Stephen Gowans – 2006-10-20 22:35:49
(October 16, 2006) — There were immediate reasons, and more distant causes, that compelled north Korea to undertake a nuclear test earlier this month. All of them, I think, are related to the need of north Korea to deter the United States from carrying out its threats of war. According to the DPRK foreign ministry, the test was conducted to protect north Korea’s “sovereignty and right to existence from the daily increasing danger of war from the United States.”
Washington says it has no intention of attacking or invading north Korea, so north Korea’s claim that it is simply reacting to US threats and intimidation is dismissed as pure paranoia, but anyone who claims north Korea isn’t being threatened either isn’t paying attention or is playing at propaganda.
North Korea has been trying for over 50 years to arrive at some kind of peaceful co-existence with Washington, and its overtures of peace have been repeatedly spurned. For example, not so long ago, then US Secretary of State Colin Powel rejected one north Korean offer of peaceful co-existence by saying “we don’t do peace treaties, non-aggression pacts, things of that nature.” And it’s true. The US doesn’t do that. It tries to get what it wants by intimidation.
So, Washington declares north Korea to be part of an “axis of evil,” invades and occupies another of the declared “axis of evil” countries, Iraq, and then John Bolton, at the time US undersecretary of state for arms control, warns north Korea and Syria and Iran to draw “the appropriate lesson.”
North Korea has a history of being subjugated, plundered and exploited by larger and more powerful countries. As a result, it is fiercely anti-imperialist and committed to independence. It did draw the appropriate lesson — only it wasn’t the one Washington wanted it to draw, though it was one history predisposed north Korea to make.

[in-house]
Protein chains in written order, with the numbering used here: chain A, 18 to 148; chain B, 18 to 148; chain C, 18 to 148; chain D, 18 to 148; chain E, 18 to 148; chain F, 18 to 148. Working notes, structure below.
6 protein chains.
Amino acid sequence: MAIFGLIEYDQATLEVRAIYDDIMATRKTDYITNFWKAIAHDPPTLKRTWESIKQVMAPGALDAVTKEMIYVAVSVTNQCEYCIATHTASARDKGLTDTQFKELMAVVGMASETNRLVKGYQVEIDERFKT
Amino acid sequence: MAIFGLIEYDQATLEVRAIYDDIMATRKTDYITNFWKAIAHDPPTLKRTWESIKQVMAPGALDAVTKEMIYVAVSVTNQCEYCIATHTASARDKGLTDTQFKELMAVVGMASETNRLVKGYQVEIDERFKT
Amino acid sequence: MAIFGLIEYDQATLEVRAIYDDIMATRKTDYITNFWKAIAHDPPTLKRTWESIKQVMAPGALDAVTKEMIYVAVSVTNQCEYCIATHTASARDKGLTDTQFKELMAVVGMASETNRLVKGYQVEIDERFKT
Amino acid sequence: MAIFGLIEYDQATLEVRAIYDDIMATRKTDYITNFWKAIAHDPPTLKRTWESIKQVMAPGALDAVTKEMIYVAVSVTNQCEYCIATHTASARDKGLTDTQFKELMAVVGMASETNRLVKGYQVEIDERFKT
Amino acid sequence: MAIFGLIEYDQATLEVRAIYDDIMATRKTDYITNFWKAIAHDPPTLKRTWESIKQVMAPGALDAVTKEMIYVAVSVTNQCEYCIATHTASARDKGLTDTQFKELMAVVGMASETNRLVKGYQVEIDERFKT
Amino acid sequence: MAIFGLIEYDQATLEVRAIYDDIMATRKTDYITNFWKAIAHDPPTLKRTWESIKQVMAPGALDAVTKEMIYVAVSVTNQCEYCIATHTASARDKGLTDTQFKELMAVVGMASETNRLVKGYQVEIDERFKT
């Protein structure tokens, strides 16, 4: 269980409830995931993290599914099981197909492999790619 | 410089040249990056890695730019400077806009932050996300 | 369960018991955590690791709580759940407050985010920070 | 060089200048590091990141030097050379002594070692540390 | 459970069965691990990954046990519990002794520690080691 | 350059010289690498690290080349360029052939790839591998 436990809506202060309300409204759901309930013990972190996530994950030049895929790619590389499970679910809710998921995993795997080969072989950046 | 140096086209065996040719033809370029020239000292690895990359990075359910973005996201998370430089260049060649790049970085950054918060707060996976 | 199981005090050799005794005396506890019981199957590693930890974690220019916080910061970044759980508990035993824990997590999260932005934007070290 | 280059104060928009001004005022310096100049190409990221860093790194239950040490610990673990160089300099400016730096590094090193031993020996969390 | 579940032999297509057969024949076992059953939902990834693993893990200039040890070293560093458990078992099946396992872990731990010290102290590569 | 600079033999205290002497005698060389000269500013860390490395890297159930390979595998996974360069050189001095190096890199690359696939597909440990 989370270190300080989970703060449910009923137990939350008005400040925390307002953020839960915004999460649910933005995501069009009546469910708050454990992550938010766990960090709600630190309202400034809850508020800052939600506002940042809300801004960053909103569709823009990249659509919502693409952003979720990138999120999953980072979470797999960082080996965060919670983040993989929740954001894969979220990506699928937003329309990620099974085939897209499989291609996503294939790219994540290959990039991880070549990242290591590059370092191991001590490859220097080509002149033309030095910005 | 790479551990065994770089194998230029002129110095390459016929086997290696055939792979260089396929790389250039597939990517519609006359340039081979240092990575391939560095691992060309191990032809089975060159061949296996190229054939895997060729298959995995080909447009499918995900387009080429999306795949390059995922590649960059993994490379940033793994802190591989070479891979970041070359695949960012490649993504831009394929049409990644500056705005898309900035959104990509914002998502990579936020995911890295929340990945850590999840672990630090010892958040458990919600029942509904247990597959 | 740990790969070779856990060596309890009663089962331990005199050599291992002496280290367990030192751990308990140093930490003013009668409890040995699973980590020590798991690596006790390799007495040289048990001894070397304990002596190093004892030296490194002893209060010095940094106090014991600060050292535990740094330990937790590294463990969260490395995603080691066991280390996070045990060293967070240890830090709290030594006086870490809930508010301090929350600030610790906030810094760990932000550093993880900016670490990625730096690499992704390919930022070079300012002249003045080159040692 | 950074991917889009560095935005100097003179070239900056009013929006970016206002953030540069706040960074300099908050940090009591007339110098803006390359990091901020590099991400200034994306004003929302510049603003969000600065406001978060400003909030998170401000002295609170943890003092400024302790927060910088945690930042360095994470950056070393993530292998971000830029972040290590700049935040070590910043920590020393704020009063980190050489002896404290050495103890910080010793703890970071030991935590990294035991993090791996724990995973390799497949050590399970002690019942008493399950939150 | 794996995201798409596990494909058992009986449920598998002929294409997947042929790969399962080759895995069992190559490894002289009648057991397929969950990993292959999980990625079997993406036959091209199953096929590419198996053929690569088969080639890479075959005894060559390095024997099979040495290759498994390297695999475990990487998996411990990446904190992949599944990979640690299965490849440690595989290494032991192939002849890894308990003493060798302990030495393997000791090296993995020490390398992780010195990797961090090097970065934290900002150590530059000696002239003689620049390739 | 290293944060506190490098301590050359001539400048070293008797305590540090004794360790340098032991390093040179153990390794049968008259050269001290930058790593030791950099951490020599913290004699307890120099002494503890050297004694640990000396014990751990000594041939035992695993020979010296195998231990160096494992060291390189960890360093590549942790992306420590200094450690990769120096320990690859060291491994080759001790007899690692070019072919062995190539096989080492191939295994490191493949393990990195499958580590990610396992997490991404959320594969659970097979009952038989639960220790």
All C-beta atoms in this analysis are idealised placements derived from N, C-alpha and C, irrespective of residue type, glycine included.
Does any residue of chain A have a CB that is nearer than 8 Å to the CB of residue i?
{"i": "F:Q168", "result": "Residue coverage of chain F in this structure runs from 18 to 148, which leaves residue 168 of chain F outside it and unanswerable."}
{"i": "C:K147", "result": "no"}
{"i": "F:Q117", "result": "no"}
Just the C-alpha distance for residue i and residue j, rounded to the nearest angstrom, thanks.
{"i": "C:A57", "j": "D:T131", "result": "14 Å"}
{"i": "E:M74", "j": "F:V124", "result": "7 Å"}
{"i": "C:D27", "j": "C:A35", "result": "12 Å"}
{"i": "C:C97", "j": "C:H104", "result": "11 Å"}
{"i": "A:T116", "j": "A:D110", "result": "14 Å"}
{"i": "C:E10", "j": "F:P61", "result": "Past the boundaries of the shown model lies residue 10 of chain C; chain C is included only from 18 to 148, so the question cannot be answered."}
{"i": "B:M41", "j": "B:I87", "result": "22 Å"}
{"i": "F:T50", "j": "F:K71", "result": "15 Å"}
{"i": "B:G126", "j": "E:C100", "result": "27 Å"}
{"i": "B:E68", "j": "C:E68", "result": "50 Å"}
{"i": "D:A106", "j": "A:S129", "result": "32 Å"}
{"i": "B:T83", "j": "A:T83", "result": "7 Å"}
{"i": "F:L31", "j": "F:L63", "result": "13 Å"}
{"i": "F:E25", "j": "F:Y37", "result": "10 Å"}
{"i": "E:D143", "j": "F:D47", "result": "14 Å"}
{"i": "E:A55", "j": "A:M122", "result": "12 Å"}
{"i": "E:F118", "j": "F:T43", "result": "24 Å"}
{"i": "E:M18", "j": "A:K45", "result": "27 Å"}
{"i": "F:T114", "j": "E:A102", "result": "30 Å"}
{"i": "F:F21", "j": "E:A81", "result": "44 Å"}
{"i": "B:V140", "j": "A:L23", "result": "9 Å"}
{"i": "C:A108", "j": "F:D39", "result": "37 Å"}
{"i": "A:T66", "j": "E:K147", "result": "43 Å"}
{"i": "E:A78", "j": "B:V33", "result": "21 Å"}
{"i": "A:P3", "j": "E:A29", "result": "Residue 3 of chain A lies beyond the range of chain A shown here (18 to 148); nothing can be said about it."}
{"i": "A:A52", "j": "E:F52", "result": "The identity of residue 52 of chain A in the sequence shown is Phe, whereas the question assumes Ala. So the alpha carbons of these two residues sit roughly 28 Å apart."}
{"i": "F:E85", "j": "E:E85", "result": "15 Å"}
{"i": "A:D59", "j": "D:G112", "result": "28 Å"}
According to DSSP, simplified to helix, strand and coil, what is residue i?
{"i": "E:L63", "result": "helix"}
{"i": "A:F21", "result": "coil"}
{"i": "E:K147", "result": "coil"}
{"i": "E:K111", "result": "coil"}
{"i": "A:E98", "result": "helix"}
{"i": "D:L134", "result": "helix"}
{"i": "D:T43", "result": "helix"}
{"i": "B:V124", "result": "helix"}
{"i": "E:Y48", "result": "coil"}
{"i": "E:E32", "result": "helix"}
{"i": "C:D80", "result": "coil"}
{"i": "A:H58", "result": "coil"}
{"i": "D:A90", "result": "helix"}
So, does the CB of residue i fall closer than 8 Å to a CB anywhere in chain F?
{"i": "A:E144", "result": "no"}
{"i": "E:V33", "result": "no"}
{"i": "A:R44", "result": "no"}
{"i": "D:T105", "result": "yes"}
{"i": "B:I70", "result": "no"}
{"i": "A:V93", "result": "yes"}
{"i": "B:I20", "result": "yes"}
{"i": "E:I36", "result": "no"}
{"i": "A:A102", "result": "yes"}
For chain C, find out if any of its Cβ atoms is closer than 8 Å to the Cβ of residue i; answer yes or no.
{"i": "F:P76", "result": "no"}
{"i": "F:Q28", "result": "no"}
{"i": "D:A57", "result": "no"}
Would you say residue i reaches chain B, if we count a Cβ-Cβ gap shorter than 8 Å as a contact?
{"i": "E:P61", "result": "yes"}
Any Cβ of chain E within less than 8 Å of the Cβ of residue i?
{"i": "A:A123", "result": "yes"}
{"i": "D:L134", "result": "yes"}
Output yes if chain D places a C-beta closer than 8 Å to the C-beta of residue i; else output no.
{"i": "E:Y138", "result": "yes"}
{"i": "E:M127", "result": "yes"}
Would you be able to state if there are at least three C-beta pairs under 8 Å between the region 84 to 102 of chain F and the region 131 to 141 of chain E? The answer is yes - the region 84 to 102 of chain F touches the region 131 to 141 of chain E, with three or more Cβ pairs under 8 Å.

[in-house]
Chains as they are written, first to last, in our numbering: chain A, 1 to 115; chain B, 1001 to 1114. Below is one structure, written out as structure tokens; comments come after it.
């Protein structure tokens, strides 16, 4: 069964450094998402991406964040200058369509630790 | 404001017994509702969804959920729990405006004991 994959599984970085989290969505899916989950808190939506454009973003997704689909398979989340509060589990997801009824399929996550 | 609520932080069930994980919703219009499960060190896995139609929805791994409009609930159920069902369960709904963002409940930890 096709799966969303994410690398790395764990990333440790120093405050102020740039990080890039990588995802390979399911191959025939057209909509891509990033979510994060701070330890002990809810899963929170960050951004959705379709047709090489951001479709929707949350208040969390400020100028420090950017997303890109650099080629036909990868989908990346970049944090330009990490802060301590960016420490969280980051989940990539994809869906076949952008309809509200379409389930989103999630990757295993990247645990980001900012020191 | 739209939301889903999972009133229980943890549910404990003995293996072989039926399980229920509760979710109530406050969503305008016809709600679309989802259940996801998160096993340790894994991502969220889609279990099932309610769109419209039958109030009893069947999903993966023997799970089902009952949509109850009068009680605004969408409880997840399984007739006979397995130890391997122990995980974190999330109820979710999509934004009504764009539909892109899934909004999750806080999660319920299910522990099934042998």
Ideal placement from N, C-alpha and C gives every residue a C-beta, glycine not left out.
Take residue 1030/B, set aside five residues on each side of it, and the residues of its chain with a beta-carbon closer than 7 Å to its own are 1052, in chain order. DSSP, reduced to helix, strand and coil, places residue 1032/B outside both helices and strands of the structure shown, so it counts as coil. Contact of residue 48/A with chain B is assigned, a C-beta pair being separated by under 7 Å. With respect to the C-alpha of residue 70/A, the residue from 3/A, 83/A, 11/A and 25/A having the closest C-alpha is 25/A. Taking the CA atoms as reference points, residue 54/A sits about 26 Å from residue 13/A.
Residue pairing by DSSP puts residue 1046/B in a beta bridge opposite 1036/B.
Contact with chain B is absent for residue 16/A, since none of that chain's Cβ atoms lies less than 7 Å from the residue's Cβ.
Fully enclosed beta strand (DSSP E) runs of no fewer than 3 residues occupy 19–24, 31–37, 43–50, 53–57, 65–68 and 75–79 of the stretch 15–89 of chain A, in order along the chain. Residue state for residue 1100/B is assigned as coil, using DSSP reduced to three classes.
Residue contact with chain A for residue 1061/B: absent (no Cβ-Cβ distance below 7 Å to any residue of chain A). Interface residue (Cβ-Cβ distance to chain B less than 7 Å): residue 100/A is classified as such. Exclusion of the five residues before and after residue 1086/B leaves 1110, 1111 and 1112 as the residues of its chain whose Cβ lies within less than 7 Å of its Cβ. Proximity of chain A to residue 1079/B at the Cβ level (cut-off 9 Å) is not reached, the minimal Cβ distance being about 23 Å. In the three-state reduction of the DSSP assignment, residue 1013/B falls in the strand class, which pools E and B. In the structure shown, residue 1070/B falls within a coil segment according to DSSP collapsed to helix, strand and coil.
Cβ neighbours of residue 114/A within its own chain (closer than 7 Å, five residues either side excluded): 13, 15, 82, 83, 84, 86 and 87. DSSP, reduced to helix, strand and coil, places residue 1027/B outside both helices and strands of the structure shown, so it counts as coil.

The only danger north Korea poses is the danger of disrupting US plans to attack the country. It is not an offensive threat.
First, it’s not clear that Pyongyang even has a workable nuclear device. There’s some question the nuclear test was successful. Second, it has no reliable means of delivering a warhead. Its ballistic missile tests have not been particularly successful. Third, it faces the considerable technical challenge of making its bomb, if it is workable, small enough to fit into a missile warhead or an artillery shell or aerial bomb.
Still, there’s sufficient ambiguity about north Korea’s nuclear capabilities to make Washington think twice about an attack.
North Korea is very weak militarily. The US military budget is somewhere around $500 billion per year. North Korea’s is somewhere around $5 billion per year — one percent of the US budget. Its combat pilots get only two hours of flying time a month, because they don’t have enough aviation fuel for their planes.
Their equipment is old and inferior compared to that of south Korea and the US forces stationed on the peninsula. And while it has a million-man army, half of the army is engaged in agriculture and construction.
The latest United Nations Security Council Resolution seeks to make north Korea weaker still, by banning the sale to north Korea of military equipment ˆ battle tanks, artillery systems, warships. That’s not to undermine north Korea as an offensive threat, because it isn’t one, but to make it ripe for an easy invasion.
So, is north Korea a danger? As Bruce Cumings, perhaps the top US expert on Korea, put it in the New York Times on October 12, north Korea’s “not going to commit suicide by attacking South Korea or Japan with nuclear bombs. It knows it will lose. Their fundamental orientation is being hunkered down for defense.”
The US will use the nuclear test to bolster its missile defense shield plan, which will please the class of corporate rich in the US, who will rake in huge profits, and Japan will use the nuclear test to shred its pacifist constitution and take another step along the road to resurrecting its militarist past.
A month before he became Japan’s Prime Minister, Shinzo Abe wondered aloud about building the capability to launch pre-emptive strikes on north Korea.